Spring Onions

When we first started gardening we planted our onions from sets in the spring. That’s the way we did it when I was growing up. But year after year I was disappointed that the bulbs didn’t get as big as I’d like.

Later we tried putting out transplants in the spring. The results were better, but still usually unsatisfactory.

Finally we settled on the method we use now–planting from sets in the fall and overwintering them. Now we get large bulbs, and while we do have some bolting, we harvest those as spring onions so it’s still a win.

This years onions are the best-looking that I can recall, likely another consequence of our very mild winter.

I’ve already decided to significantly increase the amount of onions we grow next year. We never have enough. To make room I’m going to reduce the amount of garlic we grow, as we always have way more of that than we need. Fiddling around with how we do things is part of the fun of gardening.

 

 

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15 comments on “Spring Onions

  1. Ed says:

    I never have too much onions OR garlic!

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    • Bill says:

      We’ve run out of onions the past two years, but we’ve been planting so much garlic that we still have lots left by the time the new crop arrives. Obviously I need to rebalance.

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  2. hilarymb says:

    Hi Bill – I know onions are troublesome … I’ve only ever grown salad onions – the kind we call Spring Onions! But a good onion is delicious .. cheers Hilary

    http://positiveletters.blogspot.co.uk/2017/04/t-is-for-turkey.html

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    • Bill says:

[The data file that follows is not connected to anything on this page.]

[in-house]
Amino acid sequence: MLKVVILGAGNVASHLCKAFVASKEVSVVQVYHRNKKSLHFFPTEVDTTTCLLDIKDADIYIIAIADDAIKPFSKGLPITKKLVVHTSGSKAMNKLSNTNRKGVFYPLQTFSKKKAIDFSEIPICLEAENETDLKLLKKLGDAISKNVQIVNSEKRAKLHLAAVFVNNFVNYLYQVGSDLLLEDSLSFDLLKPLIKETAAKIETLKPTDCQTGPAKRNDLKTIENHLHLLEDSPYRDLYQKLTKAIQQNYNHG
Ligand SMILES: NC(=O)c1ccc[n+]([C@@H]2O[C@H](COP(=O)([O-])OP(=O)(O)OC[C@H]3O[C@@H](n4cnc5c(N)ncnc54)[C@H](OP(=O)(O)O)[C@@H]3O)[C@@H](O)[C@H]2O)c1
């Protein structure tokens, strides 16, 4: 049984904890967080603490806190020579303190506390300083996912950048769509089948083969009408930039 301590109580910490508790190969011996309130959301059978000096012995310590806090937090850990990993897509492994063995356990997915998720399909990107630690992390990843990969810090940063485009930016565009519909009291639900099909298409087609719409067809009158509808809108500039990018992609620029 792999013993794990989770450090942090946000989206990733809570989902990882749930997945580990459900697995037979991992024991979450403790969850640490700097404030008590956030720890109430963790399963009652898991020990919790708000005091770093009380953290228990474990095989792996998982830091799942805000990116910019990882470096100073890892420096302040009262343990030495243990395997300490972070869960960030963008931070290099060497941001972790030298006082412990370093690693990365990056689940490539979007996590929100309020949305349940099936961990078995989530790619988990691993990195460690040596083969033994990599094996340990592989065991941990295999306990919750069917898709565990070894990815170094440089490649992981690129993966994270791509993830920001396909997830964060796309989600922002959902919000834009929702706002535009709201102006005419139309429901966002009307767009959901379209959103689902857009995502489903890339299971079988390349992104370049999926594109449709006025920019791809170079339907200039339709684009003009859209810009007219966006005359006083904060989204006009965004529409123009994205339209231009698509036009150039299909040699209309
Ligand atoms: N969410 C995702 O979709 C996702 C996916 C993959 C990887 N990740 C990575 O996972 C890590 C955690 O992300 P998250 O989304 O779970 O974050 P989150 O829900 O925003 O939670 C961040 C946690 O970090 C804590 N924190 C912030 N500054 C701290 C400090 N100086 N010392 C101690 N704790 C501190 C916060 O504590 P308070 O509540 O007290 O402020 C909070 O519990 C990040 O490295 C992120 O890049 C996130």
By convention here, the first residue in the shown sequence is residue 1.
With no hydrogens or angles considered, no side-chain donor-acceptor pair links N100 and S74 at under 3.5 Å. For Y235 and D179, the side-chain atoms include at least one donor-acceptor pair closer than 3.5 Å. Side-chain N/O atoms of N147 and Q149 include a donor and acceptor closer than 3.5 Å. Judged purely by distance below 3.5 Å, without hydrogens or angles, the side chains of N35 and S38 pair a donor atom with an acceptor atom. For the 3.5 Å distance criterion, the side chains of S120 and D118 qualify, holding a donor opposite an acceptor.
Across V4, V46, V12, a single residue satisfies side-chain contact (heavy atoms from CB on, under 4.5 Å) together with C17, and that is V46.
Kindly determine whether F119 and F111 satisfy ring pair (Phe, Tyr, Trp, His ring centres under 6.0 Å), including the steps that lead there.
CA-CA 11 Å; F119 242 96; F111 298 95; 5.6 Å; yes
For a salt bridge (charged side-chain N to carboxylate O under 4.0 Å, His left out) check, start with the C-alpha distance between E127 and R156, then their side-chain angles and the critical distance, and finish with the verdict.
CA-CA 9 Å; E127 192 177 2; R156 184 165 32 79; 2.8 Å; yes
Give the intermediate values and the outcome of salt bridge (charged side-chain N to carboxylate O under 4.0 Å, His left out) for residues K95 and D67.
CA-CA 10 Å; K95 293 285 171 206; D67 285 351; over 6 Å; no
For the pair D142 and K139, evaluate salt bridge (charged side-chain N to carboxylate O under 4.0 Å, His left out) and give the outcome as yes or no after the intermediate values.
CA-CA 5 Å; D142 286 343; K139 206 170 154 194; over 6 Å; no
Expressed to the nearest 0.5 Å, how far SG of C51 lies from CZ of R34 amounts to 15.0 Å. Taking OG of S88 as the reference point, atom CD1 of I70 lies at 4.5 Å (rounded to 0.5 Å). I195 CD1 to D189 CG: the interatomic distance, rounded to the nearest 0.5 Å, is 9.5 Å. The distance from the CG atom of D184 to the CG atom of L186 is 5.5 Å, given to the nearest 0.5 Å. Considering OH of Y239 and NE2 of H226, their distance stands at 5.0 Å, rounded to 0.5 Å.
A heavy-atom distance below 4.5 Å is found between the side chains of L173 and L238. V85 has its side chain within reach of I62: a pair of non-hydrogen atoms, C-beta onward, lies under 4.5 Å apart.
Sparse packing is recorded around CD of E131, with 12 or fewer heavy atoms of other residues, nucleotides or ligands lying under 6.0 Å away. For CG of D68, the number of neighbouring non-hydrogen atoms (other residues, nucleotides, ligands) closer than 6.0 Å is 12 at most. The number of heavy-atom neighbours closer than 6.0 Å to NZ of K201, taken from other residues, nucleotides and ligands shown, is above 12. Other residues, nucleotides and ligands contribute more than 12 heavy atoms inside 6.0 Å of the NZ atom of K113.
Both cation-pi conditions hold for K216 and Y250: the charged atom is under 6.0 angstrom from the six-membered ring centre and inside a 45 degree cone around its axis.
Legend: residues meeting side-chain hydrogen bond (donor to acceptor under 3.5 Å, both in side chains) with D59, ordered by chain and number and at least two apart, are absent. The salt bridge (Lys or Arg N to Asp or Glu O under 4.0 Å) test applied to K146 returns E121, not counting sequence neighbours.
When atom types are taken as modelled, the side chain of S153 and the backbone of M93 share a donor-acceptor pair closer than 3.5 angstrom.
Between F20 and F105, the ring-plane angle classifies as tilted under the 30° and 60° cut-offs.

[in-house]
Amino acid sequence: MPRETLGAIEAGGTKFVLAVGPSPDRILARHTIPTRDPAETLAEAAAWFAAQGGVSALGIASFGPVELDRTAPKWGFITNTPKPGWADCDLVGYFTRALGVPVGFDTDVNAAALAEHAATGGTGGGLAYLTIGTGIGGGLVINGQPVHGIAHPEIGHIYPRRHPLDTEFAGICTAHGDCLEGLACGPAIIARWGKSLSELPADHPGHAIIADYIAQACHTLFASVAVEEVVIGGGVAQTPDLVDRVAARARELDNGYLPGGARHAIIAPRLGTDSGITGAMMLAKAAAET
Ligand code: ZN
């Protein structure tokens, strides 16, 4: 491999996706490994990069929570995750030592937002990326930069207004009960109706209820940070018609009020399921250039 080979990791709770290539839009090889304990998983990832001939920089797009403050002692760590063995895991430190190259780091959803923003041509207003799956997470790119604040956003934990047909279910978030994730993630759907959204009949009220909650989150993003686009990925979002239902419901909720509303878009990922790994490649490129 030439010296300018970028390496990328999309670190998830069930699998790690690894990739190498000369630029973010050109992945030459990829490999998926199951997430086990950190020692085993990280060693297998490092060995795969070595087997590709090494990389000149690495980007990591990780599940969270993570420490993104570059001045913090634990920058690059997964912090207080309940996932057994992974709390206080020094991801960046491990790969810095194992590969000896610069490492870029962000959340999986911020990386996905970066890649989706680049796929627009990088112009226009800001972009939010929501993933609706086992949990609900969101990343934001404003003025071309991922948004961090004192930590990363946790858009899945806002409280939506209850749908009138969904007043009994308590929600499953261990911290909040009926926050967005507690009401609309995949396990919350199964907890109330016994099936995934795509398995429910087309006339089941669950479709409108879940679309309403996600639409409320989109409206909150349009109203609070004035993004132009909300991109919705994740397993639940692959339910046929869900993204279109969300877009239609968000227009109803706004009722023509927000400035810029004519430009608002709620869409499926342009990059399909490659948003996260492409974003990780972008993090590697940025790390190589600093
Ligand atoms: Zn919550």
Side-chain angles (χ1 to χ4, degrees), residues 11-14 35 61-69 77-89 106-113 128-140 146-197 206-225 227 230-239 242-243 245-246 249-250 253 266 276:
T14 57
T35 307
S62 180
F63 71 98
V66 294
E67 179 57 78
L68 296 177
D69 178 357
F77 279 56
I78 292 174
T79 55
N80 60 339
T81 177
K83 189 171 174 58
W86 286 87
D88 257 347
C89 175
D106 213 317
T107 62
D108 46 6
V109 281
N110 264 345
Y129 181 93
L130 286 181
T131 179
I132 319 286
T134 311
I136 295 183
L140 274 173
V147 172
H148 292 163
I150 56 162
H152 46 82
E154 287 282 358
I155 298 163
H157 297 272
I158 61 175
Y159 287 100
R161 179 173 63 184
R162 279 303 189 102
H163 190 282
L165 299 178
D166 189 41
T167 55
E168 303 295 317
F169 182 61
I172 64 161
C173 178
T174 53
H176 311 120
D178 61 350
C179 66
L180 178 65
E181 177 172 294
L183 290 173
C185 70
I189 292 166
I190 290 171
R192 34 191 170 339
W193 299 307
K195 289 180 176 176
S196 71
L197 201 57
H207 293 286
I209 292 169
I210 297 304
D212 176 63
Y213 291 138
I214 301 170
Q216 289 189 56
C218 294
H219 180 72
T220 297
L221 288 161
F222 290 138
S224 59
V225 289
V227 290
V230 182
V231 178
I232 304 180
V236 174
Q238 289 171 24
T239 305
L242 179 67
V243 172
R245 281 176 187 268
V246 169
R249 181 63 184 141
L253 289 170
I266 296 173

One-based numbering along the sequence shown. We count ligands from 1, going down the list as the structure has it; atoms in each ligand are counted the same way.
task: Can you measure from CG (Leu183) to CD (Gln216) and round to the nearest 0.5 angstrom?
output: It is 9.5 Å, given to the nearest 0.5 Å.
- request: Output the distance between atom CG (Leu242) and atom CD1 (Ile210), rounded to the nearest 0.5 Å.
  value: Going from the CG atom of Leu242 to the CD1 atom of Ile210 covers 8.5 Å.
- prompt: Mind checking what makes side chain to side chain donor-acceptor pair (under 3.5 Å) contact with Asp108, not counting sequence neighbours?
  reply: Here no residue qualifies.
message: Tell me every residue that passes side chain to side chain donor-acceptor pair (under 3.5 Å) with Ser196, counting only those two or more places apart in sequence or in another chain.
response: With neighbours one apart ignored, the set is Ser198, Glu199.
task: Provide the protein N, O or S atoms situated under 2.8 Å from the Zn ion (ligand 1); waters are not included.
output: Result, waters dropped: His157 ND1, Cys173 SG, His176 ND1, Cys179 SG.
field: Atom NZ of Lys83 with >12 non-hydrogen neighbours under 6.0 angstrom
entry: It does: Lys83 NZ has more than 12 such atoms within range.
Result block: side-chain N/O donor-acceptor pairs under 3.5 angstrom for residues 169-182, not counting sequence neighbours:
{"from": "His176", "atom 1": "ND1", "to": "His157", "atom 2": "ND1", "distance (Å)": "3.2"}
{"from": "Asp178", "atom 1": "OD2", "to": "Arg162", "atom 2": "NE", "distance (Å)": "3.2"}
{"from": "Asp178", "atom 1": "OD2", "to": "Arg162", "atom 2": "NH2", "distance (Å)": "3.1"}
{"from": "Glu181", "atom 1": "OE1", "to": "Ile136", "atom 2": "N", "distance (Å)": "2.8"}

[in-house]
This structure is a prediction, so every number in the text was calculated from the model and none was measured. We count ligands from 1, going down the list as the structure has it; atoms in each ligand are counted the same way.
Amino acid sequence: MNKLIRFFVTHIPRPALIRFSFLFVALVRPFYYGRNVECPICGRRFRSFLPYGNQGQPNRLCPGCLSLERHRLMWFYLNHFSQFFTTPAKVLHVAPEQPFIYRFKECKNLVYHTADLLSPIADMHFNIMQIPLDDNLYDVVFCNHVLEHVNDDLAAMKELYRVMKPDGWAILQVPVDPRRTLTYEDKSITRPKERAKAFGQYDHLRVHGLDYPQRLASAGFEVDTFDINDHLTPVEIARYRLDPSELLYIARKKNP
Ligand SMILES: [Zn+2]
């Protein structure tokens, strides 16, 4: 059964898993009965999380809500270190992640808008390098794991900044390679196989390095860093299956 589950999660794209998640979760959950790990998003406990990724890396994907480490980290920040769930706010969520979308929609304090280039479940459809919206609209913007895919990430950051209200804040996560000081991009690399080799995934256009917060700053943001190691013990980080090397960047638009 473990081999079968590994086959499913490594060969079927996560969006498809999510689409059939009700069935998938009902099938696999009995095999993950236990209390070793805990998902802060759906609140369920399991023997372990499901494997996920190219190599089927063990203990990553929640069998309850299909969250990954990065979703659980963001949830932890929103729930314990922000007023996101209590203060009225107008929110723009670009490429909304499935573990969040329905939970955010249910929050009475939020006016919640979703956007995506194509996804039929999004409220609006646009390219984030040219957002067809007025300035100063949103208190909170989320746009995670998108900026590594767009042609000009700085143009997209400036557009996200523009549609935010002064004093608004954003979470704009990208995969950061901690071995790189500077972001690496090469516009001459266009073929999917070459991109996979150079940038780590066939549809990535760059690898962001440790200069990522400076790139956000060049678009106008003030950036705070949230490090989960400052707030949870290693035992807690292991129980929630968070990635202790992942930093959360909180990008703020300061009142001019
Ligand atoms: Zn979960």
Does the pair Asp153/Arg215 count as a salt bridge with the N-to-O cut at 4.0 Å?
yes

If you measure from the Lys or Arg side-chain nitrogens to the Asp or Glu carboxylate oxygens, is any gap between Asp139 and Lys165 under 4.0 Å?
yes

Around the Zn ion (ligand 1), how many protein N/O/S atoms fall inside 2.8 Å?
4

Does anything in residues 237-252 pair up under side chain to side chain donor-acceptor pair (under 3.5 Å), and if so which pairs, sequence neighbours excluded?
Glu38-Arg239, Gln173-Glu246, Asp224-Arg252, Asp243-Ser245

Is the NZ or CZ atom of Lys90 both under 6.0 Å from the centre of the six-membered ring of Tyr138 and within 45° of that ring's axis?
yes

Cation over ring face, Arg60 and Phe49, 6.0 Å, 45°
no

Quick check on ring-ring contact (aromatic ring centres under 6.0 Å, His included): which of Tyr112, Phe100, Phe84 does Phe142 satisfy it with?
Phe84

My wife would sometimes tease me that the onions I was harvesting were about the same size as the bulbs I planted. Now that we overwinter them that’s not a problem any more. 🙂

      Liked by 1 person

  3. I had trouble with my onions this year sprouting in storage. I grow Copra–which have always been as hard and perfect in June as they were when I first harvested them. This year—all sprouts and mush. Don’t know what I did different…..but I had to BUY onions last week. Buy them??? That was a sorrowful day for me.

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  4. Being able to adjust supply to meet your needs is perfect and I find it very interesting that you seem to have solved the “biggest” onion conundrum. And now, I’m wondering how well (or even if) that would work up here in a Canadian Zone 5? Any tiny fellas I’ve missed in the fall usually seem to come up in the spring, so why not, hey? Another one of those “Now why didn’t I ever follow through and come up with that?” Lol, thanks Bill!!

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  5. NebraskaDave says:

    Bill, I’m not sure over wintering onions would work in zone 5b. It might work if a really heavy mulch was spread over them. Maybe when I get my garden all developed I’ll try some of that. Right now I’m still building expansion raised beds. Four more beds are being added to the garden this year bringing the total up to 12 four by 28 foot beds. The wire fence and electric fence will surround this area as well. The spuds are planted and soon the lettuce, onion sets, cabbage, and radishes will be planted. The early tomato plants will go into the five gallon buckets and their journey to that first bite of juicy tomato will begin. Last year that bite was June 22nd. It’s a major victory to have a ripe tomato on July 4th and I never thought I’d ever be able to accomplish that but it happened.

    Have a great onion planting day.

    Nebraska Dave

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    • Bill says:

      Good luck with the tomatoes and all the other great stuff. I’ve got tomatoes in the ground already in the hoop house so we should have them 3 weeks earlier than usual, if all goes well. Lots of great stuff in our spring gardens these days. I’ve been out picking in them (in the rain) most of the day.

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  6. Had to look up bolting, Bill, which reflects how much of a farmer I am. 🙂 –Curt

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  7. Joanna says:

    I leave sprouted bulbs in the ground and each year, just as my onions start to run out, they send up leaves that work for a good onion flavour. I have a section that just keeps producing all summer now. Saves a lot of work. I still plant sets for onions over the winter itself – can’t really harvest much through a layer of snow and a very hard winter

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